…A thumbnail meditation, by light of the Fool Moon, brings on a strange reverie: a domed bastion of male spiritual authority – itself built to usurp and contain energies of the divine feminine previously honoured at the same locus – now under threat of obliteration from agents of Death From Above: darkness, and light, and a different kind of darkness, follow each other as do day and night – like the alternating pages of the Book of History, turned so fast that it inevitably becomes a blur of grey…

“There is no black or white, only shades of grey. That’s why they call it gris-gris

…Lit by the blue-grey cathode glow the image slips in and out of itself, pre-birth visions projected onto a uterine screen. Dreams come slow & heavy, to a blind-eye of the night-sky looking through oceans of time, turned on tides of blood…

…The image is reversed, inverted: sucked up into a funnel in the sky that is itself the bottom of a pooling of process – the protoplasmic factory in which building blocks of life are both built up and broken down: a cellular Mother-Ship from another dimension, a metamorphic maelstrom on the move – drawing the eye towards it as a focal point, the Strange Attractor of history towards which events are inexorably drawn and driven; whilst at the same time being the Point of Singularity from which shockwaves of potential uncoil like dread Apophis – serpent of Might-have-beens and Never-weres, they say he is made up of broken kas – sending ripples through the fragile membranes of the Multiverse, ectoplasmic emanations spreading out from this Ground Zero in every conceivable direction, all at once…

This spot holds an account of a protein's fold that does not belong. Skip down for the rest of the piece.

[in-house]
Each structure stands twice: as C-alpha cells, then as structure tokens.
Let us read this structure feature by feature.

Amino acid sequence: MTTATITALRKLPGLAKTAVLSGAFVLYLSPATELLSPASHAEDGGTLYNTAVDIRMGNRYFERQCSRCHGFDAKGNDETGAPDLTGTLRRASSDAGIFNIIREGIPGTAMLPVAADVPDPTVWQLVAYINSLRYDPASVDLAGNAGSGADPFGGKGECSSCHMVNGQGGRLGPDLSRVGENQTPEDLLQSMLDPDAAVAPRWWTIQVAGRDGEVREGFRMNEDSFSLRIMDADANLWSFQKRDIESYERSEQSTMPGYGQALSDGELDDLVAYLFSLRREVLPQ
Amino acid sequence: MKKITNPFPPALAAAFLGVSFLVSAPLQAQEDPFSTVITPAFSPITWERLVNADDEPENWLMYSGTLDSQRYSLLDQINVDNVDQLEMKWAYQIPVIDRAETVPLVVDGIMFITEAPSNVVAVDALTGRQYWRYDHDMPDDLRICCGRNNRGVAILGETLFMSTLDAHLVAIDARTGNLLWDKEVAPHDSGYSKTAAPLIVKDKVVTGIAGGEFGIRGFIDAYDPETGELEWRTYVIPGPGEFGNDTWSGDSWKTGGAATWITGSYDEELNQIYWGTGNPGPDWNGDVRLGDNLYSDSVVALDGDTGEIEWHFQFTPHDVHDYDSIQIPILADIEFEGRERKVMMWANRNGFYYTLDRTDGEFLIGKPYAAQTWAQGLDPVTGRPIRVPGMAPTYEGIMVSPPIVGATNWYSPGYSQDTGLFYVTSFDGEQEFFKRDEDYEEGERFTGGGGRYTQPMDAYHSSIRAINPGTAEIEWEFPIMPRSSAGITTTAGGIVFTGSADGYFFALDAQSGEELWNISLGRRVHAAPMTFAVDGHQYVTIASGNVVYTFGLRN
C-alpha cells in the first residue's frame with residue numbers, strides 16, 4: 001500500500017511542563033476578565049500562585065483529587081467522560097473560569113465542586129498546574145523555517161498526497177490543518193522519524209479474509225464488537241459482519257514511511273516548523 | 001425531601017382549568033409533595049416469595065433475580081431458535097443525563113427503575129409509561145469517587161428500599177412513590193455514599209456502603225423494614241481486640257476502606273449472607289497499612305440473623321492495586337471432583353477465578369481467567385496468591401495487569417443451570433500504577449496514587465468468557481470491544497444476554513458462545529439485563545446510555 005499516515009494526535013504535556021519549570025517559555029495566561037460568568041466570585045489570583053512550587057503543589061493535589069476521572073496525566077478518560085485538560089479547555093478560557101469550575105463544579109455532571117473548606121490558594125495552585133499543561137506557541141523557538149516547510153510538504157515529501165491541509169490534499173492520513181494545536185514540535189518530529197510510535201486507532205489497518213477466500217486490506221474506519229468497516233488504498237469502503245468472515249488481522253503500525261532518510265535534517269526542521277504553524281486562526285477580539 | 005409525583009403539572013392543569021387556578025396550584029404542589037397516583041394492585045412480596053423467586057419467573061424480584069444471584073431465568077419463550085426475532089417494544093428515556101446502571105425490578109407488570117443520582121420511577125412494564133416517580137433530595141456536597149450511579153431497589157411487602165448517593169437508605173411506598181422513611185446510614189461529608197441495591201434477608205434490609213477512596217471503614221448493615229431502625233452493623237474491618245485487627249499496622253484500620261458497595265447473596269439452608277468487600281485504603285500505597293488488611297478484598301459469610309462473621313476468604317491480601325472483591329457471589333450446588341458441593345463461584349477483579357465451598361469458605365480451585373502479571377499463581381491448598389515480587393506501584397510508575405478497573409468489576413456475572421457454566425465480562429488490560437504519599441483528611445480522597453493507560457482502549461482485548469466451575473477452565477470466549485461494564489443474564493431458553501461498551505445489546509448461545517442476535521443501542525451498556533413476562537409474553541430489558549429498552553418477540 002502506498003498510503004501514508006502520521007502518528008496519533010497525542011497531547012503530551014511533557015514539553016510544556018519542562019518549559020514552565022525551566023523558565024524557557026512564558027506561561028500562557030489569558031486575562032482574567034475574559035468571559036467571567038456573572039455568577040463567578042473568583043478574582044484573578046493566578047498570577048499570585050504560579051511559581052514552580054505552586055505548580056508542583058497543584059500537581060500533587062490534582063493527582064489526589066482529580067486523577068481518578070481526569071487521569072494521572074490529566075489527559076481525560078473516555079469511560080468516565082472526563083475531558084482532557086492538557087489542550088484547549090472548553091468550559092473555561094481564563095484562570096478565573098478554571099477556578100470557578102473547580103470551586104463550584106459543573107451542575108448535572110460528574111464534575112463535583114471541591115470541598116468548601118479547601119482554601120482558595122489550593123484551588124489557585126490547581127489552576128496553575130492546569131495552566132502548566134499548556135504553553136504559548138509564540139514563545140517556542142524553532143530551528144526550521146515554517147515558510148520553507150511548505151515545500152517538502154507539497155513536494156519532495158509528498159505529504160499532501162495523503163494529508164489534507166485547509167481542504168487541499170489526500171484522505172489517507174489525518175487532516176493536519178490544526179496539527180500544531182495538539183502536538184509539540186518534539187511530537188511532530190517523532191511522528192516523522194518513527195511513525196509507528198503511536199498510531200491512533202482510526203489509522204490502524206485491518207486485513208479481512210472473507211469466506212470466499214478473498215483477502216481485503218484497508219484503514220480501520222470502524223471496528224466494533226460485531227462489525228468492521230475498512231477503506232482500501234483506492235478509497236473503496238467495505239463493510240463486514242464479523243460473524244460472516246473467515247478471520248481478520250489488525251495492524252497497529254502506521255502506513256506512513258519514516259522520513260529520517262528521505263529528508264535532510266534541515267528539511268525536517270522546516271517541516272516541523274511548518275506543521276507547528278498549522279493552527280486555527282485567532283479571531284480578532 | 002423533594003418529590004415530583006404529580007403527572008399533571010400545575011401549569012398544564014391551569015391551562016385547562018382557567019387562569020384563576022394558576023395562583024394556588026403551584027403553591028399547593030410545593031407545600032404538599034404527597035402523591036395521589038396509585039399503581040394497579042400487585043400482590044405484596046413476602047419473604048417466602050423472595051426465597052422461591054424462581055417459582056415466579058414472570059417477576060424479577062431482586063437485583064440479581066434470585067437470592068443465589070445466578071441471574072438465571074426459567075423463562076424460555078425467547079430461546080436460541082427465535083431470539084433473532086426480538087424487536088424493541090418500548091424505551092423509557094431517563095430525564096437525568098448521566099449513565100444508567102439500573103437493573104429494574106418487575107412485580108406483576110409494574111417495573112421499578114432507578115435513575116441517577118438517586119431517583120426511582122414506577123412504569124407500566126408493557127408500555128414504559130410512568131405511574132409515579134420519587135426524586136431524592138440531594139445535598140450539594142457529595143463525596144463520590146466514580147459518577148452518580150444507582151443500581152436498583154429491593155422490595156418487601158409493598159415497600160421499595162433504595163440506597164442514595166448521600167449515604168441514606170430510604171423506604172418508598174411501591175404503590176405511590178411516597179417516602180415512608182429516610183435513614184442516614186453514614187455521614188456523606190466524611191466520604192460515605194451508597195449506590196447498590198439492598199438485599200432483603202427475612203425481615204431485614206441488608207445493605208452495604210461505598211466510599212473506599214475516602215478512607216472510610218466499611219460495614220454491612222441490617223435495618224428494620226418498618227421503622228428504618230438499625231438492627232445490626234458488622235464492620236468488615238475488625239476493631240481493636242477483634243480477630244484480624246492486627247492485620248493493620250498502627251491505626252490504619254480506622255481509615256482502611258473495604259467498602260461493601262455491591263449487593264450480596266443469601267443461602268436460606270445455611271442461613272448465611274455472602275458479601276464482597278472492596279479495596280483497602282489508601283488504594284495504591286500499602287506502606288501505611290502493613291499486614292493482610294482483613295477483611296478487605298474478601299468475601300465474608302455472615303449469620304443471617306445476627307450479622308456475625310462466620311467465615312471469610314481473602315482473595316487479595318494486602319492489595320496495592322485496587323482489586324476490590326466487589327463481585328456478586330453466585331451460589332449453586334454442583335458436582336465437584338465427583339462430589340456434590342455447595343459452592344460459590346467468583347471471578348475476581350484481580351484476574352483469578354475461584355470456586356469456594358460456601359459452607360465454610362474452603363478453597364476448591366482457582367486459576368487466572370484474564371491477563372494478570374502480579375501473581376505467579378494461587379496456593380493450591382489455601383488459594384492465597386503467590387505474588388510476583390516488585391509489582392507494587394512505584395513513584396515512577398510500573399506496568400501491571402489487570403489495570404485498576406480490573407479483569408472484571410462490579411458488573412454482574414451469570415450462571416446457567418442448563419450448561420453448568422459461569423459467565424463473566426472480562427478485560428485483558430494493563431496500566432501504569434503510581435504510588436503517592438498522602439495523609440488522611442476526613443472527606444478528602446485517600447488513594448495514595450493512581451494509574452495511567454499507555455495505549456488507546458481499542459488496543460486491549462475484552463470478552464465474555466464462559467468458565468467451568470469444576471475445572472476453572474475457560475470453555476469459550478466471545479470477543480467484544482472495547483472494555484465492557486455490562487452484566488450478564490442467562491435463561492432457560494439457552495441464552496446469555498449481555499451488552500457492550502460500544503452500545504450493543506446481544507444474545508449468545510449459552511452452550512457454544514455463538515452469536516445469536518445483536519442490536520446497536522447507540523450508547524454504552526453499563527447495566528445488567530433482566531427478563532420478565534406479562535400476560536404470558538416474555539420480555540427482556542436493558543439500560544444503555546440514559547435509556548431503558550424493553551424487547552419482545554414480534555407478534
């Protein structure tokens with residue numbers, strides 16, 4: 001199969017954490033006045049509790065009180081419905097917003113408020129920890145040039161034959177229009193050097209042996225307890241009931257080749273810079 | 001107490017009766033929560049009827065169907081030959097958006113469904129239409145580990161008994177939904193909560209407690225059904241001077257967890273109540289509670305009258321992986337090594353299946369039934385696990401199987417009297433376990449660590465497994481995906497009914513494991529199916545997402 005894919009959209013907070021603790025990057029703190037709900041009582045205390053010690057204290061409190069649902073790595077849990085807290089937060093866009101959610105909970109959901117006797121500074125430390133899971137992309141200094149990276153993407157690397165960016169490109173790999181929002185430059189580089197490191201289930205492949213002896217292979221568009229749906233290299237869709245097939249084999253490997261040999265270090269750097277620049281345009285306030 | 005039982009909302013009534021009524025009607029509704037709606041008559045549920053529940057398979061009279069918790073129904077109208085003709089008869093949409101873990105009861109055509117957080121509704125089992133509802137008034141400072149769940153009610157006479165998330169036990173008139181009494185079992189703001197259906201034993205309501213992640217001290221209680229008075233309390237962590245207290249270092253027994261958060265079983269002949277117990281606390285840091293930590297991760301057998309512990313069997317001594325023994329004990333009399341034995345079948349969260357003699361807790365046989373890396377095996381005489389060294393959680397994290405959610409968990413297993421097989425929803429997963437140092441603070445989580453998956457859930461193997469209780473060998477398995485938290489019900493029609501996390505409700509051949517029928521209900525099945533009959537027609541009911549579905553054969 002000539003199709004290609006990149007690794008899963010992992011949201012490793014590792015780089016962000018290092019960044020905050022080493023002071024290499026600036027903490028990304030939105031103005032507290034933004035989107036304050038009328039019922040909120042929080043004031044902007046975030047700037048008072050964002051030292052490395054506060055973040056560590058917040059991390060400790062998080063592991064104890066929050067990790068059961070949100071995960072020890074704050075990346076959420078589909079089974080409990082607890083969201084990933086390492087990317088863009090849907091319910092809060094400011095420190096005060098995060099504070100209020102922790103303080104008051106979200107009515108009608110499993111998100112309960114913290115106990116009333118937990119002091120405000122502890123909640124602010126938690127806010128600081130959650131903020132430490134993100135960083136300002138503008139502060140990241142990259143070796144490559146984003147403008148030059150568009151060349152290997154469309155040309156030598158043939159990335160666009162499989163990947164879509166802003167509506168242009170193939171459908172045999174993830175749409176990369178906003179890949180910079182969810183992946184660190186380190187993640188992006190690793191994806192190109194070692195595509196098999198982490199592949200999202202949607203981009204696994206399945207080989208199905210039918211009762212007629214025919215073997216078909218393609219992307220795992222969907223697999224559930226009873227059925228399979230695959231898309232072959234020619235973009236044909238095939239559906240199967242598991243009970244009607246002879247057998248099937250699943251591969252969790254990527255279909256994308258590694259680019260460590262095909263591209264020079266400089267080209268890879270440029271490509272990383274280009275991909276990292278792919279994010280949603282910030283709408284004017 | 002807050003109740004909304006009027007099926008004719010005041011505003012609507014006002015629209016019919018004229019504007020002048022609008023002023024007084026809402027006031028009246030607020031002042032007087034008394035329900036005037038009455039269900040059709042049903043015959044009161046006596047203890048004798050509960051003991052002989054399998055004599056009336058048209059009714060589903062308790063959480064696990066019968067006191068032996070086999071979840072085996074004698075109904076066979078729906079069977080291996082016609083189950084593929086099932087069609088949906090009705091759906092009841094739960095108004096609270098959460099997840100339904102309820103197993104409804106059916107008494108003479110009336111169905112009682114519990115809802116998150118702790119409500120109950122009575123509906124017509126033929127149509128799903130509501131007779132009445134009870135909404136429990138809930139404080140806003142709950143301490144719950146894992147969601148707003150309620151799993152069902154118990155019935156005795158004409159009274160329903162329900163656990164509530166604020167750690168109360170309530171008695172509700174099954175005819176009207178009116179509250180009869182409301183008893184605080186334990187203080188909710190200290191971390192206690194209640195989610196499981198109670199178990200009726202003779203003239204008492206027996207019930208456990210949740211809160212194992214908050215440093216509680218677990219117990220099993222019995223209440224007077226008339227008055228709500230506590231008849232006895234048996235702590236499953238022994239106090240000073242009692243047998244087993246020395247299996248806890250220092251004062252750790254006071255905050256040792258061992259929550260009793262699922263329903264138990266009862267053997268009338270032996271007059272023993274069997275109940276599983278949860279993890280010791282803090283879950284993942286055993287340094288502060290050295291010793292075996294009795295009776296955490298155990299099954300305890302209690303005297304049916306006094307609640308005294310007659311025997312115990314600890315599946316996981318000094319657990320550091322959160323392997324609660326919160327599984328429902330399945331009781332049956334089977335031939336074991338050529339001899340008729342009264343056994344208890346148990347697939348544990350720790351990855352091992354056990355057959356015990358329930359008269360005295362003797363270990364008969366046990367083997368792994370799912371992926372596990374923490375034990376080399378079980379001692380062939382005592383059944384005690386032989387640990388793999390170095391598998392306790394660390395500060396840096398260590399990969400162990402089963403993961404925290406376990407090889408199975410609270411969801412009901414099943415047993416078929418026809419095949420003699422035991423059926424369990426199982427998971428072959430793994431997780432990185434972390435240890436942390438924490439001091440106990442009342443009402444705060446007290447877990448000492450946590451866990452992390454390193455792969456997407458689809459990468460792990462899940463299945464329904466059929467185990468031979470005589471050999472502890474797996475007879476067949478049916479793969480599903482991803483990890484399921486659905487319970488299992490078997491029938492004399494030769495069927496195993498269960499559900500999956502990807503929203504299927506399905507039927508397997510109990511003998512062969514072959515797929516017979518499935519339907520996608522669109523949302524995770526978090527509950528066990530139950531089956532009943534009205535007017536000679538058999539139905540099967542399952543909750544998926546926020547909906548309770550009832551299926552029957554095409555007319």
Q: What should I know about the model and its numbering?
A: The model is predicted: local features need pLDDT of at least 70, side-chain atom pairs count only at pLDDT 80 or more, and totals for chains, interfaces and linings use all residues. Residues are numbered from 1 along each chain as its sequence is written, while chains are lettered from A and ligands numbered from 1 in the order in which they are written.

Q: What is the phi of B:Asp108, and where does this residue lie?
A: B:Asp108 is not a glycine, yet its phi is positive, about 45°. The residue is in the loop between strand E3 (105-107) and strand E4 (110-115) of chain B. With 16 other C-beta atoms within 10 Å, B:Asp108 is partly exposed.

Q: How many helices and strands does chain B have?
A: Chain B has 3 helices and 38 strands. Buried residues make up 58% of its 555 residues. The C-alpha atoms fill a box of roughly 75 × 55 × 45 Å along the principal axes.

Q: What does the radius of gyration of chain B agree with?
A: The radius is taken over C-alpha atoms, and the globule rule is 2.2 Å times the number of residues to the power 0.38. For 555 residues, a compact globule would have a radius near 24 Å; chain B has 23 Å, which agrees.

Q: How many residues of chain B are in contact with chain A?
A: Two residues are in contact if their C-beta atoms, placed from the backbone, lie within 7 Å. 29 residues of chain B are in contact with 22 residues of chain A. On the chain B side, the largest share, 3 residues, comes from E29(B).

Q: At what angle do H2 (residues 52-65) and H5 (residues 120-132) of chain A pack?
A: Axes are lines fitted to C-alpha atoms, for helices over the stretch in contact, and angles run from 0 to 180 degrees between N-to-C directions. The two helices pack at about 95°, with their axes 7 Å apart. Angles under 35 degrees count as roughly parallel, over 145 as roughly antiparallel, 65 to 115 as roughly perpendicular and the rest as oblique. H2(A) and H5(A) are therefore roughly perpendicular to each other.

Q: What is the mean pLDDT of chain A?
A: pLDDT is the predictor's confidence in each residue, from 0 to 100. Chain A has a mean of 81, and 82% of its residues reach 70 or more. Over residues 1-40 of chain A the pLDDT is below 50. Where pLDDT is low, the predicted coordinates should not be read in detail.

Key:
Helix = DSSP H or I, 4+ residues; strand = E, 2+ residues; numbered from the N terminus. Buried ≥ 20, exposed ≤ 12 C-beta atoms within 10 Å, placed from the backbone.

…The cellular eye is binary, both hole and point at the same time: the eye-in-the-sky of God or Goddess – a Black Hole wormhole whirling-down-the-plughole, puckering in the fabric of worm-eaten TimeSpace, drawing All in at the same time as everything spills out of it – both omphalos and entry-wound, psychic puncture and nucleus of new growth: meiosis and mitosis of a Mothership gone in search of Conquest & Exploration of Inner Space…